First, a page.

And maybe there is something deeper in our national and institutional psyche that doesn’t like change and is suspicious of the new and the novel: a feeling that we do just fine, thank-you very much, there’s nothing we need to change or learn.

In fact the permission is not so much about what we are allowed to do, but what we are allowed to try. It’s the difference between being part of what’s already there, and being part of something new. While it would attract the ire of the Taxpayers Alliance we should be getting back to a stage in which improvement and innovation (which will always carry the risk of failure) should be celebrated. It has almost become cliché (through my overuse alone) that dealing with the deficit is a huge opportunity because it can drive innovation. But it can only do that if we as a society give ourselves permission.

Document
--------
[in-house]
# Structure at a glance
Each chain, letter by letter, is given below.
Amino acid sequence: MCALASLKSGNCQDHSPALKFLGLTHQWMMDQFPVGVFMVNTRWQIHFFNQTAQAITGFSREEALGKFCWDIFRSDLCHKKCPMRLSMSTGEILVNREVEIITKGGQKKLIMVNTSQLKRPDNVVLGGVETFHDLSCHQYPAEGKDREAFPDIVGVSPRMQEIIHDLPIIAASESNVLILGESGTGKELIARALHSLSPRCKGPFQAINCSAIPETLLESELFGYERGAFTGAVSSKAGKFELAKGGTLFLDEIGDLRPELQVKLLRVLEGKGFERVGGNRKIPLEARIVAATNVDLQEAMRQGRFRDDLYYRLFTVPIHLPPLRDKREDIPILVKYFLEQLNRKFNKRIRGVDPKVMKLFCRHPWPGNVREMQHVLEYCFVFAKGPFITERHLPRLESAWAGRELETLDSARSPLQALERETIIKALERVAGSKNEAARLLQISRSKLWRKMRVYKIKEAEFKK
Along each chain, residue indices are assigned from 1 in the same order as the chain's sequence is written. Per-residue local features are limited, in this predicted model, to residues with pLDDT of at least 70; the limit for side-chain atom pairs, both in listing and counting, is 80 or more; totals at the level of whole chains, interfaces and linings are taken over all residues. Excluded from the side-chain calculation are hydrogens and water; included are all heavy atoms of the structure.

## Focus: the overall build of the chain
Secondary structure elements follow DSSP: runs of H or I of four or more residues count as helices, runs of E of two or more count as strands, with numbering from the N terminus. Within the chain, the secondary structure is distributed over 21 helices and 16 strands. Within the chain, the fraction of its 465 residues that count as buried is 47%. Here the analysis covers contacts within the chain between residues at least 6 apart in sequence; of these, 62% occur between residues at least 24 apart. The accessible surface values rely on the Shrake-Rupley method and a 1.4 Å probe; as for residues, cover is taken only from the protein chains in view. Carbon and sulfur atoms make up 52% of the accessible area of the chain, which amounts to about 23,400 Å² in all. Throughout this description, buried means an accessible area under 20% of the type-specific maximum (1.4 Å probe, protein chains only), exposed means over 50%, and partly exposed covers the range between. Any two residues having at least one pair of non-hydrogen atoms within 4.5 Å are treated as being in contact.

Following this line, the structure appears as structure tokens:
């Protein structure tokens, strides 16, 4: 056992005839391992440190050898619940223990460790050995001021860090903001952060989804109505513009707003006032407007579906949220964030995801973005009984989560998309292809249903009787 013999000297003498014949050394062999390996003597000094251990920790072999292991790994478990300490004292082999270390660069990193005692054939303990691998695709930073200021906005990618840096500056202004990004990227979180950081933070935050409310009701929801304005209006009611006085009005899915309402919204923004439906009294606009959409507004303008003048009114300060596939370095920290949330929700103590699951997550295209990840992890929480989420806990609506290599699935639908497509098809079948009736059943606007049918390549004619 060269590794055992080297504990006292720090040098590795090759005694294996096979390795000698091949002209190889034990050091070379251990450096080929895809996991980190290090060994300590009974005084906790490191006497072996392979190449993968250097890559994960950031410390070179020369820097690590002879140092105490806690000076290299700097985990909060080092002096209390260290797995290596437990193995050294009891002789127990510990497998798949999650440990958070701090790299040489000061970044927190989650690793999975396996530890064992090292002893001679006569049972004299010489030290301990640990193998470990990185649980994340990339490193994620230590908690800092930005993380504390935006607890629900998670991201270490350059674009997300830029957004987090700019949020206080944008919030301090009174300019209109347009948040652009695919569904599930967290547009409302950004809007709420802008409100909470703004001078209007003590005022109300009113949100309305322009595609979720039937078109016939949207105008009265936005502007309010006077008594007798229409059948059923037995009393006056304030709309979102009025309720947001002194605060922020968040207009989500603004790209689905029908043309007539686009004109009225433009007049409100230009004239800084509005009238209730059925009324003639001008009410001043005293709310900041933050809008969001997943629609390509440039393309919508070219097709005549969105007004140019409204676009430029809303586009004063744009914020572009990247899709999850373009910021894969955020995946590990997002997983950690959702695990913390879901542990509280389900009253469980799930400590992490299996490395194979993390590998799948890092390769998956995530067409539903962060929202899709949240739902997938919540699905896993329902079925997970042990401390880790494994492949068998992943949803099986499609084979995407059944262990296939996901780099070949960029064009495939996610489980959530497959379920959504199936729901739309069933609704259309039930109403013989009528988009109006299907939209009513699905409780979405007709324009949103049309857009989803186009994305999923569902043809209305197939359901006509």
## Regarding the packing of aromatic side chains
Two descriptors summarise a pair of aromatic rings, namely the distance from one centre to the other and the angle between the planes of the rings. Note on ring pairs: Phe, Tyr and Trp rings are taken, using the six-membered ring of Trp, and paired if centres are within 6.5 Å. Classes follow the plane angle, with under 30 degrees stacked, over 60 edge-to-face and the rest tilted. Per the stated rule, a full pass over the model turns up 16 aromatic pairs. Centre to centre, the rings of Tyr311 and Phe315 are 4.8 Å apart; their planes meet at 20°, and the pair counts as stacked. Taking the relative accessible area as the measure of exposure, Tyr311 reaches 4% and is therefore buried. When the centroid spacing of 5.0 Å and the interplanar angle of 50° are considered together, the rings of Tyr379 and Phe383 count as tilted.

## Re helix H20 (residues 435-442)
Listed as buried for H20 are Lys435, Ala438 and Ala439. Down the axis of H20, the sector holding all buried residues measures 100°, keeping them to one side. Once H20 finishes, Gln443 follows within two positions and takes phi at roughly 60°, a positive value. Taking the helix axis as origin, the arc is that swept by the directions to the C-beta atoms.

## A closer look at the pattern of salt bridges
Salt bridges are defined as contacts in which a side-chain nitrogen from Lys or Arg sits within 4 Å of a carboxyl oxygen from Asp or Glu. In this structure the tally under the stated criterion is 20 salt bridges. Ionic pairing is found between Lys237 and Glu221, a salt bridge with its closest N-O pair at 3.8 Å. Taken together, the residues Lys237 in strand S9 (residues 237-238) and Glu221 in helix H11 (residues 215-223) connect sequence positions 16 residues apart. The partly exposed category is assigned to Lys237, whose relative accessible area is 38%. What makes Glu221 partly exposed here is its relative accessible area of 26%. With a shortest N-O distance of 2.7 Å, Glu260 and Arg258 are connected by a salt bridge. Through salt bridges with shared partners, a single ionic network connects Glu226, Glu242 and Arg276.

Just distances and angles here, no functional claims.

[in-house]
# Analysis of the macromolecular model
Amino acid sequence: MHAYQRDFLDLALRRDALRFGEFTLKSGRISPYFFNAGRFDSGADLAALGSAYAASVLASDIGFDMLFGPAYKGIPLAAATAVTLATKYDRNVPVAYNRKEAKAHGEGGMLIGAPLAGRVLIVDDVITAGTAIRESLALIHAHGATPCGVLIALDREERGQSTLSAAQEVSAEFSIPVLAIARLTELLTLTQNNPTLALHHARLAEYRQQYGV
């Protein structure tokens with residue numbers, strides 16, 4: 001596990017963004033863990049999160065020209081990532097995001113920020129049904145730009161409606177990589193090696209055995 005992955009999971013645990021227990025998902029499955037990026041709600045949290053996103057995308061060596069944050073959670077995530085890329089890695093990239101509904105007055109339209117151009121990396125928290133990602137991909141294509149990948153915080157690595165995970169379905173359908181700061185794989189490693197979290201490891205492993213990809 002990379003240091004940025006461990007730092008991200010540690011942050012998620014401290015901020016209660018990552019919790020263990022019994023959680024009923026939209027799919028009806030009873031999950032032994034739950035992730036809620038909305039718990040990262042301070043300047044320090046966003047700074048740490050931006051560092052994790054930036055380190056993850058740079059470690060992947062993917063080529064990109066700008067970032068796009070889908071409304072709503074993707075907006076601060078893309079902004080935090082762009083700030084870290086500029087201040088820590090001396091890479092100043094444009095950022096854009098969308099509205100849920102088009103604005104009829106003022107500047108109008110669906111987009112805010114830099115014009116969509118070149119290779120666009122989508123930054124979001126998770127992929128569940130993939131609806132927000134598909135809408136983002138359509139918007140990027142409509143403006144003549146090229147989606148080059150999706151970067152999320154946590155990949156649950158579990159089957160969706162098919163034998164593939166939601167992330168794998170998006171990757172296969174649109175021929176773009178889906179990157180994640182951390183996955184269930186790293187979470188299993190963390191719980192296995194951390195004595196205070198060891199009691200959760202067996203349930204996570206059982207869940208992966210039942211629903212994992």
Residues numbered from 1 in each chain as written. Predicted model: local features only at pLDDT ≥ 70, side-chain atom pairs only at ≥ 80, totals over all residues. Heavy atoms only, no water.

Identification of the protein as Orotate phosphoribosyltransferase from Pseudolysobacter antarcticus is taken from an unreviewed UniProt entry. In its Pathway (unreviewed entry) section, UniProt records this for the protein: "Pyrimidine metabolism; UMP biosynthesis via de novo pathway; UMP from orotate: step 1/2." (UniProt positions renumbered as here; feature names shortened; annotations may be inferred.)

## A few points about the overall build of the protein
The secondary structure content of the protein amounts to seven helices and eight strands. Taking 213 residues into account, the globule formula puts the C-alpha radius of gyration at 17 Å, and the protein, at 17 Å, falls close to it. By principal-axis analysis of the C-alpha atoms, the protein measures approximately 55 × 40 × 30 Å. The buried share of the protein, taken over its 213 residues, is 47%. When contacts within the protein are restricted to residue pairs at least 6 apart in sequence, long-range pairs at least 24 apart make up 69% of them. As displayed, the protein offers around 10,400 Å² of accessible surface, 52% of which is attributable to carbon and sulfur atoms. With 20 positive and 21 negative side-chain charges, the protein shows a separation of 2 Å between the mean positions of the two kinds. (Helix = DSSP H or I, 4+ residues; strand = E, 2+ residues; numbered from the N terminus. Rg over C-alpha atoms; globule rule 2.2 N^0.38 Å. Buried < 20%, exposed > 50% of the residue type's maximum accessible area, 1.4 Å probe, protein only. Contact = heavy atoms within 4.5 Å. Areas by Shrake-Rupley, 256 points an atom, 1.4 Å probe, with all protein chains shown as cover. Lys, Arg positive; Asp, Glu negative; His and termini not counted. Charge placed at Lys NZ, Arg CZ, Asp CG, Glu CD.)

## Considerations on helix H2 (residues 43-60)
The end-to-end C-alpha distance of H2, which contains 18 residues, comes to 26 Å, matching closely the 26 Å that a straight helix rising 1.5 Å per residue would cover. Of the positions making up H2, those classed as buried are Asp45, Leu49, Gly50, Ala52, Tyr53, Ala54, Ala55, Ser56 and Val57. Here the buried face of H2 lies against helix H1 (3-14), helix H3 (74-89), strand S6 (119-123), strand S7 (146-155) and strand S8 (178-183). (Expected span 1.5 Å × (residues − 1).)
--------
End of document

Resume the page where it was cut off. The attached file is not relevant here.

The following is the text of an article I wrote for the Local Government Information Unit‘s C’llr magazine as part of their Big Society edition:

The Big Society’s greatest strength is that no-one actually knows what it is, possibly not even the Prime Minister whose stroke of genius was to create a concept so vague, but so obviously ‘good’, that almost anyone can support it. Whether you want a small state, government involved in every aspect of community and social life or something in between you can find some- thing in the Big Society that will fill your needs.